A Theory of Justice for Animals: Animal Rights in a Nonideal World

A political scientist who has written prolifically about animals argues here that our thinking about the proper way to treat animals should be rooted in concepts of justice. While acknowledging that there are many steps from where we are to where we should be in our treatment of animals, Garner argues for the concept of animal rights, including the right not suffer at the hands of humans.

Zoopolis: A Political Theory of Animal Rights

Political theory is the grounding for this analysis of the obligations that arise from the varied ways that animals relate to human societies and institutions. The authors assert that, since different types of animals, i.e., domesticated animals, wilderness animals and “liminal” animals, stand in different relationships to human political communities, humans bear different obligations to them, albeit that all are owed respect for basic inviolable rights.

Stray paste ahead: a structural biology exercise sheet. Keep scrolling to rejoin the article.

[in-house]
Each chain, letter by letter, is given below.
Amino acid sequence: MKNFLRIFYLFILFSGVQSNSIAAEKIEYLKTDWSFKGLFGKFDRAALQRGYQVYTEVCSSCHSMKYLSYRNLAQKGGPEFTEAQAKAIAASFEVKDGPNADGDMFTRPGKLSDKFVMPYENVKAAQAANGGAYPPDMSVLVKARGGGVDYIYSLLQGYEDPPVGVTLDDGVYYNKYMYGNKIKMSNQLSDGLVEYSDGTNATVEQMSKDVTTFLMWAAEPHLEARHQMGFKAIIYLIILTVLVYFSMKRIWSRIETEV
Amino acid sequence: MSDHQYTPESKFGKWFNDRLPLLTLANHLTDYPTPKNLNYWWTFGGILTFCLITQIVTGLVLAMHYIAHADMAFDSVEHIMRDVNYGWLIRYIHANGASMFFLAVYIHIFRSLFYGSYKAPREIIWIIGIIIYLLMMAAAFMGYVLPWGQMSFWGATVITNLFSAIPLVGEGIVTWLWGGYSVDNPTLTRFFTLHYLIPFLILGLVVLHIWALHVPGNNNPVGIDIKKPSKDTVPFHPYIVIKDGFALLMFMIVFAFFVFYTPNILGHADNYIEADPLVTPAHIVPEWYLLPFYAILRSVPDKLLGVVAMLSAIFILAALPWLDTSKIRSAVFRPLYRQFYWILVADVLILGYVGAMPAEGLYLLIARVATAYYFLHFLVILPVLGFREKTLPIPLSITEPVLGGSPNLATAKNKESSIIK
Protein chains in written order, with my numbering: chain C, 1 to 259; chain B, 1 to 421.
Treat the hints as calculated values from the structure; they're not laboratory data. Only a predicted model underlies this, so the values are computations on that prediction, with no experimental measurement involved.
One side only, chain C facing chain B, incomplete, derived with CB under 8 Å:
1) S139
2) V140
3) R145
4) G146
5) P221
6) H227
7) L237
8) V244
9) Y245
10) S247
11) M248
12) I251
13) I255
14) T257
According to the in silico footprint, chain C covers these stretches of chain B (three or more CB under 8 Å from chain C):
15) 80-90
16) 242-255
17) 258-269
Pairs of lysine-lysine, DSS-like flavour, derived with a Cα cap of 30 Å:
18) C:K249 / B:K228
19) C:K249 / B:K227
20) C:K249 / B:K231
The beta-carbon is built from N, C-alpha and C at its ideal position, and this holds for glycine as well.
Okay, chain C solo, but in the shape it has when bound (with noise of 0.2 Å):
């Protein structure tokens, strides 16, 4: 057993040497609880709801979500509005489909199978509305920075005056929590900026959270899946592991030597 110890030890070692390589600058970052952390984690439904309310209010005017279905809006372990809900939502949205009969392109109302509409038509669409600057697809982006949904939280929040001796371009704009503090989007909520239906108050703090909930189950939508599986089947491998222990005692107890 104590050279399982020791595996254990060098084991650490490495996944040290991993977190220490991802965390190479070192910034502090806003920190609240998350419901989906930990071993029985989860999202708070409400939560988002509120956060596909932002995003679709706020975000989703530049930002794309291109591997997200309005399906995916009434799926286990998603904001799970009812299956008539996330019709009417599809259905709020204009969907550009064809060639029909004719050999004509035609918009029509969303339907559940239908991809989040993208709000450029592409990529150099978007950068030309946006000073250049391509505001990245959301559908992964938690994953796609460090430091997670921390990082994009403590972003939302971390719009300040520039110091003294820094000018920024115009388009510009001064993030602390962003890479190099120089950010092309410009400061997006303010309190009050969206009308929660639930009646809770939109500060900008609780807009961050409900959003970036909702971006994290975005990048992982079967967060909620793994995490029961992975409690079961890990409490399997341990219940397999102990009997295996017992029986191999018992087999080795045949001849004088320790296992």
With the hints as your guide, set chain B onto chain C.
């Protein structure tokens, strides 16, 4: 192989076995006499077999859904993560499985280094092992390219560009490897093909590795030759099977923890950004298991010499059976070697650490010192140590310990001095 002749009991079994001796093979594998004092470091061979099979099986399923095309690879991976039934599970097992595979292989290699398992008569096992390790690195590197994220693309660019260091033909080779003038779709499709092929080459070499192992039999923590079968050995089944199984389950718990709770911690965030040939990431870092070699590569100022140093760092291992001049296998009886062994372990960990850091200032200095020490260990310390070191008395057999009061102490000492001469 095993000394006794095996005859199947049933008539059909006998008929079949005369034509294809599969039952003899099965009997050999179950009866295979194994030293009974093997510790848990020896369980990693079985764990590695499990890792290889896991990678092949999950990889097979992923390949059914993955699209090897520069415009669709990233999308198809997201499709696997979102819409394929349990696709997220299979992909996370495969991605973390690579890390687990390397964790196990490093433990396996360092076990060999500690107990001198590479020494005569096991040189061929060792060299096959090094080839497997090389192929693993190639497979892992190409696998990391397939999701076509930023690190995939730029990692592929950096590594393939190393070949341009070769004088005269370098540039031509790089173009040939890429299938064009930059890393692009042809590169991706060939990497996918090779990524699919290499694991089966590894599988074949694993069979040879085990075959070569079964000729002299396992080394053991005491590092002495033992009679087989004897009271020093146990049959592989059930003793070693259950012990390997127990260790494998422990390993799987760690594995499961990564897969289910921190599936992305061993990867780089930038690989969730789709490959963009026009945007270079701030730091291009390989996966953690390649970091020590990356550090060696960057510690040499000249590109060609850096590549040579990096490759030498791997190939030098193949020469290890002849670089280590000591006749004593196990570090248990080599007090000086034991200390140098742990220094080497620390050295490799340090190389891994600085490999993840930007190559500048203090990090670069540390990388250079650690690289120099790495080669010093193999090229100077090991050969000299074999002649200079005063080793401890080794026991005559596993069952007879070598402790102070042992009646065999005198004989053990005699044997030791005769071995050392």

Sentientist Politics: A Theory of Global Inter-Species Justice

Argues for a 'sentientist cosmopolitan democracy': a global political system made up of overlapping local, national, regional and global communities comprised of human and non-human members who exist within shared 'communities of fate.' Suggests the use of dedicated representatives of non-human animals whose job should be to translate the interests of animals into deliberations.